FAU College of Engineering and Computer Science Researchers Receive $653,393 U.S. Air Force Office of Scientific Research Grant for Better and Safer Artificial Intelligence
Credit: Florida Atlantic University
Ensuring data quality is critical for artificial intelligence (AI) machines to learn effectively and operate efficiently and safely. Researchers from Florida Atlantic University’s College of Engineering and Computer Science have received a three-year, $653,393 grant from the United States Air Force Office of Scientific Research (AFOSR) for a project titled, “Data Analytics and Data Conformity Evaluation with L1-norm Principal Components.” For the project, researchers will develop new theory and methods to curate training data sets for AI learning and screen real-time operational data for AI field deployment.
The project team is spearheaded by Dimitris A. Pados, Ph.D., principal investigator, a professor in the Department of Computer and Electrical Engineering and Computer Science, a fellow of FAU’s Institute for Sensing and Embedded Network Systems Engineering (I-SENSE), the Charles E. Schmidt Eminent Scholar in Engineering and Computer Science, and director of the Center for Connected Autonomy and Artificial Intelligence (ca-ai.fau.edu) who is nationally renowned in the areas of machine learning and connected AI.
This latest project for AFOSR will involve basic research to develop novel mathematical methods that measure the conformity of individual data points with respect to all others available, in a blind, unsupervised manner. The developed mathematical data-conformity evaluation schemes will process any given data set represented by a high-dimensional matrix (also known as tensor) and convert each data entry to a continuous zero-to-one “alert conformity value” (zero implying highly-conforming data; one implying highly non-conforming data).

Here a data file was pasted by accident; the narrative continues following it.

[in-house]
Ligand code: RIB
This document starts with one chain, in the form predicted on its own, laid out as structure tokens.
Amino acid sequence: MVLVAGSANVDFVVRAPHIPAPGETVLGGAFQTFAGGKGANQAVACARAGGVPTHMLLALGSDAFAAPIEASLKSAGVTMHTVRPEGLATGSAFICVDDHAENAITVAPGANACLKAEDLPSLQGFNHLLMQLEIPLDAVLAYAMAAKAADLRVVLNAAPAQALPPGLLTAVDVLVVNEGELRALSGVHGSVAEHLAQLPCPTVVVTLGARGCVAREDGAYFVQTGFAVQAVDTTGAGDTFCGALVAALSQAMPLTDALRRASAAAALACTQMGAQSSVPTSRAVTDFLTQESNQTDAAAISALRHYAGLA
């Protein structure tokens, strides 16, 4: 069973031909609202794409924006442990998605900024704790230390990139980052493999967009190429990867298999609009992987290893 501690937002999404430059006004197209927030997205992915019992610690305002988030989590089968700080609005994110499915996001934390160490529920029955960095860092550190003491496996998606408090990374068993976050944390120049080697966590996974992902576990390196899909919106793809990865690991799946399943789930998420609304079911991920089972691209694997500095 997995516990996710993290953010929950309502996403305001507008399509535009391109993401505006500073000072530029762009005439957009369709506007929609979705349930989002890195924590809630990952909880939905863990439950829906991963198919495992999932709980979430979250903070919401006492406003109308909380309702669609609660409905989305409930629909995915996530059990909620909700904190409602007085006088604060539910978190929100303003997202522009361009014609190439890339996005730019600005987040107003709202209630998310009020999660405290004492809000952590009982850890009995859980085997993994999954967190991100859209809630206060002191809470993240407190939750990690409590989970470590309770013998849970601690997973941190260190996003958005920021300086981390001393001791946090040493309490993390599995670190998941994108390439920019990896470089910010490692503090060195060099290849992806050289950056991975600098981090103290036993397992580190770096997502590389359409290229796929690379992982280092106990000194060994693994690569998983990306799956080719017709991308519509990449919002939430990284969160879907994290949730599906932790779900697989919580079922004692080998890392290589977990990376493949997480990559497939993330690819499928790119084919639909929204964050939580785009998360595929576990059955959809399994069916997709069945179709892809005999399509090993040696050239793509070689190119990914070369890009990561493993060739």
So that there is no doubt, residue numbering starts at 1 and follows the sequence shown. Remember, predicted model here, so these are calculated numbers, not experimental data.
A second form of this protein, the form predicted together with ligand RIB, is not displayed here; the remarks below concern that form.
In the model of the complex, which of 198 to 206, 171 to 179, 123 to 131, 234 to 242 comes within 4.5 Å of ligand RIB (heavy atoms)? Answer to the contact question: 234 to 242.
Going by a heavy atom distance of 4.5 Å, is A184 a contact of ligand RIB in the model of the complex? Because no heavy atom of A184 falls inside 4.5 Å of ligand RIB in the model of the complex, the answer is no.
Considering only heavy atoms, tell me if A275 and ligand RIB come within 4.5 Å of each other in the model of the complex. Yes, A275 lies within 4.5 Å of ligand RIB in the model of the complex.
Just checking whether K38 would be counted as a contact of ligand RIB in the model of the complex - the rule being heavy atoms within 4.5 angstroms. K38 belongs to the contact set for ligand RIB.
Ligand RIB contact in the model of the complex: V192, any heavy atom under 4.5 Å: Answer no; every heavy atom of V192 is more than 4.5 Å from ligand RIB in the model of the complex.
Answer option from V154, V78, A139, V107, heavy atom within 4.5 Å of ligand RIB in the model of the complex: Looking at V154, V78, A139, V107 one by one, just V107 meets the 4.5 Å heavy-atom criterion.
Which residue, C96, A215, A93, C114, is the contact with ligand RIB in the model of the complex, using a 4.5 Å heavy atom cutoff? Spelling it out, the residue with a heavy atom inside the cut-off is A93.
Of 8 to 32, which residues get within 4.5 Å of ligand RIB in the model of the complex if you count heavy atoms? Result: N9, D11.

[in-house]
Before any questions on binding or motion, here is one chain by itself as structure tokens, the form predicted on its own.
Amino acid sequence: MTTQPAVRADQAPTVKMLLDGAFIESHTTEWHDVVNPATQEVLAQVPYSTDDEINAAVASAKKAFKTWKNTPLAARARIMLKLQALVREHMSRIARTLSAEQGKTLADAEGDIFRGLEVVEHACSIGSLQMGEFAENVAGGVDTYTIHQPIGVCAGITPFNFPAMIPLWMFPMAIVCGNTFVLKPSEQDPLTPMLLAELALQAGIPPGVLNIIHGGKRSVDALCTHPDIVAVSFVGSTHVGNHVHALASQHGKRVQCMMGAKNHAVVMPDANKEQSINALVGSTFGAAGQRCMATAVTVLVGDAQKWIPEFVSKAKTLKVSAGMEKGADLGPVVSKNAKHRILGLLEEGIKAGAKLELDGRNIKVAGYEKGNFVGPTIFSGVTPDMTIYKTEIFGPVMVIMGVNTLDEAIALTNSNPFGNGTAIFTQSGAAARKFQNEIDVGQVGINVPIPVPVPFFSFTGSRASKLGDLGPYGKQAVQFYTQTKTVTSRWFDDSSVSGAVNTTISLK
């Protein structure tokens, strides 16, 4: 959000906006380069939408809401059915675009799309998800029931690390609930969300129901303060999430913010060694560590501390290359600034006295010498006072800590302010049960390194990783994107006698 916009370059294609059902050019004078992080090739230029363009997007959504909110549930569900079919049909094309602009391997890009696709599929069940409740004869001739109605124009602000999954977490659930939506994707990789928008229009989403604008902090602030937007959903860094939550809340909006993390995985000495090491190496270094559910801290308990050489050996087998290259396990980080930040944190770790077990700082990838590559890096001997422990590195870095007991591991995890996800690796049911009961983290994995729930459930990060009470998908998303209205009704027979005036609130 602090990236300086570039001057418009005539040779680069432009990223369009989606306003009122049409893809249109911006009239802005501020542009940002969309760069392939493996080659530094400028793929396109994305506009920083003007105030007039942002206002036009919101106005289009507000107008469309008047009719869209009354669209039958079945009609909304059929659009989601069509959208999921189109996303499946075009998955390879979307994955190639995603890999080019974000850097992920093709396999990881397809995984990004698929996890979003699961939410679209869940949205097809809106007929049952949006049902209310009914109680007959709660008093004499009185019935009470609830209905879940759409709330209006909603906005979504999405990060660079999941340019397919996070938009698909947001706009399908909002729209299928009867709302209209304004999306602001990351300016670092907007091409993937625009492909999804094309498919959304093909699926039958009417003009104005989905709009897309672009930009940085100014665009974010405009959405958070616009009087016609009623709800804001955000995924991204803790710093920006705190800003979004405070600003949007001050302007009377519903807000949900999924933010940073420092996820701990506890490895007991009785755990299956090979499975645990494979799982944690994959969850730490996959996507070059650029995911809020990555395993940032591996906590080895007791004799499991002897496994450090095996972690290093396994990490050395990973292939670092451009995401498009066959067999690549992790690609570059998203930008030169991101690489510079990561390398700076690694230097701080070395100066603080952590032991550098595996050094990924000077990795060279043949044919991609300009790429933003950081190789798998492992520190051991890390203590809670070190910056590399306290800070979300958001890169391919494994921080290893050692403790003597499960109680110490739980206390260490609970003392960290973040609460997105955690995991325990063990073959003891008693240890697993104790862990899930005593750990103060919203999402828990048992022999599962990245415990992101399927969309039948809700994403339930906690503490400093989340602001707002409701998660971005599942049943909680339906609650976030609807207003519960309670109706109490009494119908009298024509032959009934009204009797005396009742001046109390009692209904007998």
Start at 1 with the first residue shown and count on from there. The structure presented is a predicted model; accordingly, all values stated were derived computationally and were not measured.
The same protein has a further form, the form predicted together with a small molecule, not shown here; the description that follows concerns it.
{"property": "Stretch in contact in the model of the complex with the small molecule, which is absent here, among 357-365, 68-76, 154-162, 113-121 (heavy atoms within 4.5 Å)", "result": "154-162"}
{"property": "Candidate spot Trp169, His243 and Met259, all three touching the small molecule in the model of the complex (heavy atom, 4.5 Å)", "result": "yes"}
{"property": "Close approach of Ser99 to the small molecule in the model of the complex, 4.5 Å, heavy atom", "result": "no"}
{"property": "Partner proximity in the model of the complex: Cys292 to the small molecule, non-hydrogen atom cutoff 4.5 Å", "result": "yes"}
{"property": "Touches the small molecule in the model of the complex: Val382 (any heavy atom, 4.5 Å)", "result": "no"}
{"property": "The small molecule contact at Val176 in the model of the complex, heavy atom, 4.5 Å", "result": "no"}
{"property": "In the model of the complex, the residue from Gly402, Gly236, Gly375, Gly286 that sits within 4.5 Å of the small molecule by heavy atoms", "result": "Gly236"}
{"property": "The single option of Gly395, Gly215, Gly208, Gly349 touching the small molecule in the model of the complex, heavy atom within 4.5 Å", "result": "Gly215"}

“AI systems learn from examples and the quality – correctness and completeness – of the set of examples, presented to an AI machine to learn from, and this is obviously a core matter in AI technology. After training, the AI machine will eventually be let out ‘in the wild’ to operate on its own – autonomously – on fresh real-time sensed data,” said Pados. “Non-conforming sensed data may represent critical and actionable information like an internal system or sensor failure. Our ability to identify this ‘non-conforming’ data could potentially make AI and autonomously operated systems safer than human-operated machines of present time.”
AFOSR accomplishes its mission by investing in basic research efforts for the Air Force in relevant scientific areas, which include engineering and complex systems; information and networks; physical sciences; and chemistry and biological sciences.